Other common therapies that help with the healing process include mild electrical currents (electrostimulation), cold packs (cryotherapy), heat packs (thermotherapy), sound waves (ultrasound), and massage.

What Can People Do to Prevent Sports Injuries?

  • Don’t bend your knees more than half way when doing knee bends.
  • Don’t twist your knees when you stretch. Keep your feet as flat as you can.
  • When jumping, land with your knees bent.
  • Do warmup exercises before you play any sport.
  • Always stretch before you play or exercise.
  • Don’t overdo it.
  • Cool down after hard sports or workouts.
  • Wear shoes that fit properly, are stable, and absorb shock.
  • Use the softest exercise surface you can find; don’t run on asphalt or concrete.
  • Run on flat surfaces.

Fore adults:

  • Don’t be a “weekend warrior.” Don’t try to do a week’s worth of activity in a day or two.
  • Learn to do your sport right. Use proper form to reduce your risk of “overuse” injuries.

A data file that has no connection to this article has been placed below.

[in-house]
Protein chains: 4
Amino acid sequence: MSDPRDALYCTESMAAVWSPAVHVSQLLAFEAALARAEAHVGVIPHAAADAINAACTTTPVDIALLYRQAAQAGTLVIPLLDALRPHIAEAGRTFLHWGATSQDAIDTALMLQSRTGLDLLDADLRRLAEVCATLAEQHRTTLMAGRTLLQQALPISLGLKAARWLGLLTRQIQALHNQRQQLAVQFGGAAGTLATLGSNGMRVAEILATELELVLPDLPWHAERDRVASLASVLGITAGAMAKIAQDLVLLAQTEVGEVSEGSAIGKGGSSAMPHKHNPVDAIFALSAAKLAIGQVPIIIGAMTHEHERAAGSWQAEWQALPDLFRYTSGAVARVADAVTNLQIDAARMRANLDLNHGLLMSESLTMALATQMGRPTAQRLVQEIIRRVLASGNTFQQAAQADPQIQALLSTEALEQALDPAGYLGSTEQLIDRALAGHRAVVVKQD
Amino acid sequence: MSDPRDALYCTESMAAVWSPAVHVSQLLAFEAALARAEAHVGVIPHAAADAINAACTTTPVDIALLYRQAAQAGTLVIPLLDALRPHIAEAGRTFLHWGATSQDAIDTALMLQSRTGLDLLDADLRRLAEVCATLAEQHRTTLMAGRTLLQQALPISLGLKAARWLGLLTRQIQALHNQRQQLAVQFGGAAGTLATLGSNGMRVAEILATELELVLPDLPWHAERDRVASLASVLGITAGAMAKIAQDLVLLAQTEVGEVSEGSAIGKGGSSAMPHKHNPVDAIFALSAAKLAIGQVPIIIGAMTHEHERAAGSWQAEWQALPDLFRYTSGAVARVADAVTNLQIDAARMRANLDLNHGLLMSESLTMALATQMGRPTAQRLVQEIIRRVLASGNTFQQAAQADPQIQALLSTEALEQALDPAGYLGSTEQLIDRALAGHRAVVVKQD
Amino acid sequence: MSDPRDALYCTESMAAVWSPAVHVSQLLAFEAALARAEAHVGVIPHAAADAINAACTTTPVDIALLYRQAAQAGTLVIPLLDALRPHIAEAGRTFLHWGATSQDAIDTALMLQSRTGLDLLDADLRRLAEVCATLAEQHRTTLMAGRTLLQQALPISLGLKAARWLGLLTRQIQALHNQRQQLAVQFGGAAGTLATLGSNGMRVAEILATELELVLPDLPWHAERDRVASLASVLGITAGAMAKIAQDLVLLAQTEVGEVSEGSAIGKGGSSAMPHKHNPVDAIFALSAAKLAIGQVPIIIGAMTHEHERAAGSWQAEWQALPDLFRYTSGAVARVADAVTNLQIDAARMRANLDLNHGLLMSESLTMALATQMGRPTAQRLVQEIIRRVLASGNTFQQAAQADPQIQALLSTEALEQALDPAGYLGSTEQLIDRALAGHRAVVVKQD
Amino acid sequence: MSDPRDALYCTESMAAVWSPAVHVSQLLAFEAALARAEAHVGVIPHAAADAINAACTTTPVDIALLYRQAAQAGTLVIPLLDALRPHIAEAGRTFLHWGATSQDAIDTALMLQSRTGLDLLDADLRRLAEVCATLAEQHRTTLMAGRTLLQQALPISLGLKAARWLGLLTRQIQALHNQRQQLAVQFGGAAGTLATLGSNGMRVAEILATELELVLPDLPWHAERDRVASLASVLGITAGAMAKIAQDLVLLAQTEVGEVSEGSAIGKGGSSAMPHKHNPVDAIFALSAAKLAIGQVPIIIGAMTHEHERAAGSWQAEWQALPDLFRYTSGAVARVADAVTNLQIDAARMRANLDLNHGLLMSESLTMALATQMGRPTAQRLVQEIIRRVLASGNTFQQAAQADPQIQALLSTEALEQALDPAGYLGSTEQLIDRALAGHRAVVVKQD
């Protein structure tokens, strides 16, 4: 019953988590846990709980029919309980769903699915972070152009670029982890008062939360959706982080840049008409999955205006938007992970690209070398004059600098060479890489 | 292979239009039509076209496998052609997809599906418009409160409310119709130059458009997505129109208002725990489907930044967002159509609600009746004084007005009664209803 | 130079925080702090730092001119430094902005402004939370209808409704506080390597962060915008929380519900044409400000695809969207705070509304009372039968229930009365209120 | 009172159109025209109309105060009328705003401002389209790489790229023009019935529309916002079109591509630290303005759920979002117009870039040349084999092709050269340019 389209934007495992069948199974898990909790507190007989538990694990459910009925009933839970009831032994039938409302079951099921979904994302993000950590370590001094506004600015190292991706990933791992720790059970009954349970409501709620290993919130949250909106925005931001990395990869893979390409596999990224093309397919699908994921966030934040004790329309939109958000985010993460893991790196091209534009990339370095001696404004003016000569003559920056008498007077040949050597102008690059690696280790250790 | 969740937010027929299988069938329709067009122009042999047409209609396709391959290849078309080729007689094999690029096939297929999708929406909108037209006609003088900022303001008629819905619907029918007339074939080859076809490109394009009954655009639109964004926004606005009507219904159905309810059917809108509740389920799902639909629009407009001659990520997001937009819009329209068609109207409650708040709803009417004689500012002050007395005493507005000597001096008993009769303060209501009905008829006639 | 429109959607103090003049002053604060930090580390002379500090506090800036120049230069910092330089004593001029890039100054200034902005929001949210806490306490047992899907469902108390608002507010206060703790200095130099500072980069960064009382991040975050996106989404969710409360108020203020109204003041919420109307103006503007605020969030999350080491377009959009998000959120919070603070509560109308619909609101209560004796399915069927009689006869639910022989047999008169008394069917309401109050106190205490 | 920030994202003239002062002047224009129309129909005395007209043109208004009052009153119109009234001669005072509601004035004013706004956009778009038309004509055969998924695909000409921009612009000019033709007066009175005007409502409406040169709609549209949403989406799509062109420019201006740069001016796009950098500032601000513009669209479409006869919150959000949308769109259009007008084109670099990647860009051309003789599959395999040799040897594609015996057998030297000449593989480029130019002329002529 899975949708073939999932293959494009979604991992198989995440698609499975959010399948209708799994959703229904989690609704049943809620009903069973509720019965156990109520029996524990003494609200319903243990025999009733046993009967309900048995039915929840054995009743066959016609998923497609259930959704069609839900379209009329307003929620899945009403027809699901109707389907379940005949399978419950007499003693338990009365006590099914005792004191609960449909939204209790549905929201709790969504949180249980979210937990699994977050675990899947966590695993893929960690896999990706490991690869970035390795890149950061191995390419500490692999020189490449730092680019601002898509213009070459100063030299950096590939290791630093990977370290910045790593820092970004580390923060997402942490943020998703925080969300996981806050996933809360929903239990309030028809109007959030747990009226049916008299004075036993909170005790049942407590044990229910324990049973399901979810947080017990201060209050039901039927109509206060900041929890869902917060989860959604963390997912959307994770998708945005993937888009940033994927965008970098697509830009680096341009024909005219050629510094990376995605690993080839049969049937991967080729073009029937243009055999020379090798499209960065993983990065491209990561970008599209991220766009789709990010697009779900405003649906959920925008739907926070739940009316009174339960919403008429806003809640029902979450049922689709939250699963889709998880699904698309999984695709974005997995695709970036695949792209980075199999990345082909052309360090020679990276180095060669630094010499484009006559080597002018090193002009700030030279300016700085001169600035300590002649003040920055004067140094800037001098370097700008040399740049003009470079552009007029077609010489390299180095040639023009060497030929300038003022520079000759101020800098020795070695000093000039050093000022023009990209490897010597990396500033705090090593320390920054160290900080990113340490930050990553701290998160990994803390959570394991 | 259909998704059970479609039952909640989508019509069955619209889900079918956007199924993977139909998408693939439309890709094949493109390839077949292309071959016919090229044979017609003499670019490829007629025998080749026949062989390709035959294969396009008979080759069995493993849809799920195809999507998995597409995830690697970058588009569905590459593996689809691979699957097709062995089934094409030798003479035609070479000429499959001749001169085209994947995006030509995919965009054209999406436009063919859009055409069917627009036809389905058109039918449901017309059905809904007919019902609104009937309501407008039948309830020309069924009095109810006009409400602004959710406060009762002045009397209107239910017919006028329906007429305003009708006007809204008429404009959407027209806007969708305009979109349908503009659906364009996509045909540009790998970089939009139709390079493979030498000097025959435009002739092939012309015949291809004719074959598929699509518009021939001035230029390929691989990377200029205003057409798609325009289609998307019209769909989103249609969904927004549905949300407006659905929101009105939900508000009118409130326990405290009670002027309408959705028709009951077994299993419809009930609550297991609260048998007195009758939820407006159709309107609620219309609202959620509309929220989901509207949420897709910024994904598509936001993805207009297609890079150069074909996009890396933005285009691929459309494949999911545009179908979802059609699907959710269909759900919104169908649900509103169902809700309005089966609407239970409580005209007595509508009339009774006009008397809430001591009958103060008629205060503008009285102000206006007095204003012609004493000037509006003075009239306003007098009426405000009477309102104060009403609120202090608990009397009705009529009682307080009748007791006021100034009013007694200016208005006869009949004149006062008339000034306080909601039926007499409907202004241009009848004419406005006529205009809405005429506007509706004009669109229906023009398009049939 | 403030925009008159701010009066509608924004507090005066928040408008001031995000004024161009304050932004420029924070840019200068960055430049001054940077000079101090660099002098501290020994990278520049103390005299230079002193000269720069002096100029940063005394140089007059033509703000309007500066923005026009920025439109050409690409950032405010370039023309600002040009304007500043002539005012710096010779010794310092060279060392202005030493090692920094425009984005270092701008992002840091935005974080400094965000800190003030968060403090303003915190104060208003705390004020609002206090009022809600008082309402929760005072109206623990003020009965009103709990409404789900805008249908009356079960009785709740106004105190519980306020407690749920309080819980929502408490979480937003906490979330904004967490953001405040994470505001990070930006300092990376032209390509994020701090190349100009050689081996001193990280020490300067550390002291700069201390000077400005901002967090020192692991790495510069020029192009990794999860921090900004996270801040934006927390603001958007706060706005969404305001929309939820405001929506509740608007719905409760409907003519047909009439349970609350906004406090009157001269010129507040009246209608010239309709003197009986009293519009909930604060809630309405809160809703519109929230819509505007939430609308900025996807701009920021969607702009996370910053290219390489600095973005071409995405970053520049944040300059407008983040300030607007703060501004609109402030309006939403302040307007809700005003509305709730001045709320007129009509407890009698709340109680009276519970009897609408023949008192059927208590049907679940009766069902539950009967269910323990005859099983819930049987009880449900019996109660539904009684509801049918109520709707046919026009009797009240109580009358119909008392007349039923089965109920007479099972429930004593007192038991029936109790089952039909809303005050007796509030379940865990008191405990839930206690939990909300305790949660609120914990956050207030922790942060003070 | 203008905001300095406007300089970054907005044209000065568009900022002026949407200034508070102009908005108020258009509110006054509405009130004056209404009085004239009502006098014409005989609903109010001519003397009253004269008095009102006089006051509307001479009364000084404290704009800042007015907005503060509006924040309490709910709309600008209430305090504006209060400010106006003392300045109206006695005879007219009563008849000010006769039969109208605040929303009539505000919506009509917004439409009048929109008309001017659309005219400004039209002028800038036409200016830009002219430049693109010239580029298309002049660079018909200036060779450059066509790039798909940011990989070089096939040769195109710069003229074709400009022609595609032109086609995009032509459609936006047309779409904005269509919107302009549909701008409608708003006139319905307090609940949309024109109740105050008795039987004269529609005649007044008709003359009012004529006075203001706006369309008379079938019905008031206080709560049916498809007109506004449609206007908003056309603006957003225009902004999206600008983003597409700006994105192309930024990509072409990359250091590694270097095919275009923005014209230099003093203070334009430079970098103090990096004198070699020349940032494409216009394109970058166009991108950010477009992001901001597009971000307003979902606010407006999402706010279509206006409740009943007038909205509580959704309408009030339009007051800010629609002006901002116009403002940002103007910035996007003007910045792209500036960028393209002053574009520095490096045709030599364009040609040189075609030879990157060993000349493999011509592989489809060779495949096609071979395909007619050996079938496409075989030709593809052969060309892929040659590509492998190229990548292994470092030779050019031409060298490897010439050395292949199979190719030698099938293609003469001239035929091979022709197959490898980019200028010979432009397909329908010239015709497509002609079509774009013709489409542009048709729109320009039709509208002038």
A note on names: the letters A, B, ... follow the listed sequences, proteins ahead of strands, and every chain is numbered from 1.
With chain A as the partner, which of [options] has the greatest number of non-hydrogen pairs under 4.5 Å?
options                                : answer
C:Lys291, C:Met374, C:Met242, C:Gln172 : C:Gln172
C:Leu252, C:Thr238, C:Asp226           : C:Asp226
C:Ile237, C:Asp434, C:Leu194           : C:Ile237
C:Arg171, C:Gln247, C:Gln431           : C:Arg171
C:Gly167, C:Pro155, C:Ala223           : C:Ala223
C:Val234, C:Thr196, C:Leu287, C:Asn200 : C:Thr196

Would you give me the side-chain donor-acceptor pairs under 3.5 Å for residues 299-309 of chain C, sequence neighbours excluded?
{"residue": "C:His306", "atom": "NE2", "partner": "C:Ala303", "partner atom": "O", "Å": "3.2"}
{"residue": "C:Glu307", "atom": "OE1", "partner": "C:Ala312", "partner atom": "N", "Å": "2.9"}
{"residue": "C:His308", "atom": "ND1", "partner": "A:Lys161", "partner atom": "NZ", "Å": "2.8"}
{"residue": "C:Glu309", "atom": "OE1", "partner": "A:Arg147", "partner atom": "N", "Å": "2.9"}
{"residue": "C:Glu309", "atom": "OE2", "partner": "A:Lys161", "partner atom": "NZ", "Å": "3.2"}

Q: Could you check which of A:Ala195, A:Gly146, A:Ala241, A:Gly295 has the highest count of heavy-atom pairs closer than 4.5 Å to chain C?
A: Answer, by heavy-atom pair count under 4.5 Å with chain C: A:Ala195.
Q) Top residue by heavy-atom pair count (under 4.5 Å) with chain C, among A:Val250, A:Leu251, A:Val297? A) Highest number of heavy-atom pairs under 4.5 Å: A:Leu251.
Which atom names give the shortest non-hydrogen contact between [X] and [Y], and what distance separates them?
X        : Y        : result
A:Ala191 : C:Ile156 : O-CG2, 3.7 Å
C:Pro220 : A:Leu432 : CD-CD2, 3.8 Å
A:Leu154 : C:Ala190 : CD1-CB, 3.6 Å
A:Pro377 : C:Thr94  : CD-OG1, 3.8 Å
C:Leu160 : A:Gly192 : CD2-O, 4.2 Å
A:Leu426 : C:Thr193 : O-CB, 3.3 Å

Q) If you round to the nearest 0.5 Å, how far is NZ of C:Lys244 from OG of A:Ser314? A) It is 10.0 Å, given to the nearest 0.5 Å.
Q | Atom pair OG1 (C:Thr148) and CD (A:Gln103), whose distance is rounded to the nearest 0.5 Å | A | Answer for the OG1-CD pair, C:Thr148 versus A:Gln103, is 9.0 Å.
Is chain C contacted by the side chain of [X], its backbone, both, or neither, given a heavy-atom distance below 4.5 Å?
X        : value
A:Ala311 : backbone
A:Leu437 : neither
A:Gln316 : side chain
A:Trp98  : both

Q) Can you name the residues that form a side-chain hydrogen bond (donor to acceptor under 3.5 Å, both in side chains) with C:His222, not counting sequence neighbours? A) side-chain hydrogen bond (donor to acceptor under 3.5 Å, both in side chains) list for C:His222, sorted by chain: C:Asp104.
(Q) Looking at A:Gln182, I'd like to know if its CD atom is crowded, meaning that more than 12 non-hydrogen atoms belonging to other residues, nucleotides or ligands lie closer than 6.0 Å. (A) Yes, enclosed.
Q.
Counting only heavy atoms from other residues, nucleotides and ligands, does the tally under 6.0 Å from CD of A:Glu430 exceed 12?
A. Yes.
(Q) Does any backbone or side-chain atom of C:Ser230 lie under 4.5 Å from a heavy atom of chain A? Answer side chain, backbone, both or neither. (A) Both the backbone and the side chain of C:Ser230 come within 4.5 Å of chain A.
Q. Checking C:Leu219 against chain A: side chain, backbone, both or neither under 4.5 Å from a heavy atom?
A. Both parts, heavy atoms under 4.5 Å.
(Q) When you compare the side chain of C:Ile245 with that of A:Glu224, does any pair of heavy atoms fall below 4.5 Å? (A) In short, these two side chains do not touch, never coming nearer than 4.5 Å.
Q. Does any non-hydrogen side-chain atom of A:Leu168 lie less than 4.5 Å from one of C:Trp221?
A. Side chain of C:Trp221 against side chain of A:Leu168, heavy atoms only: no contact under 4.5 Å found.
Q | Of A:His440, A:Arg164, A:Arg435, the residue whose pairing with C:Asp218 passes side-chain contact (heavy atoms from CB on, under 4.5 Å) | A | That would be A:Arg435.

• Use safety gear.
  • Know your body’s limits.
  • Build up your exercise level gradually.
  • Strive for a total body workout of cardiovascular, strength-training, and flexibility exercises.

For parents and coaches:

  • Group children by their skill level and body size, not by their age, especially for contact sports.
  • Match the child to the sport. Don’t push the child too hard to play a sport that she or he may not like or be able to do.
  • Try to find sports programs that have certified athletic trainers.
  • See that all children get a physical exam before playing.
  • Don’t play a child who is injured.
  • Get the child to a doctor, if needed.
  • Provide a safe environment for sports.

For children:

  • Be in proper condition to play the sport.
  • Get a physical exam before you start playing sports.
  • Follow the rules of the game.
  • Wear gear that protects, fits well, and is right for the sport.
  • Know how to use athletic gear.
  • Don’t play when you are very tired or in pain.
  • Always warm up before you play.
  • Always cool down after you play.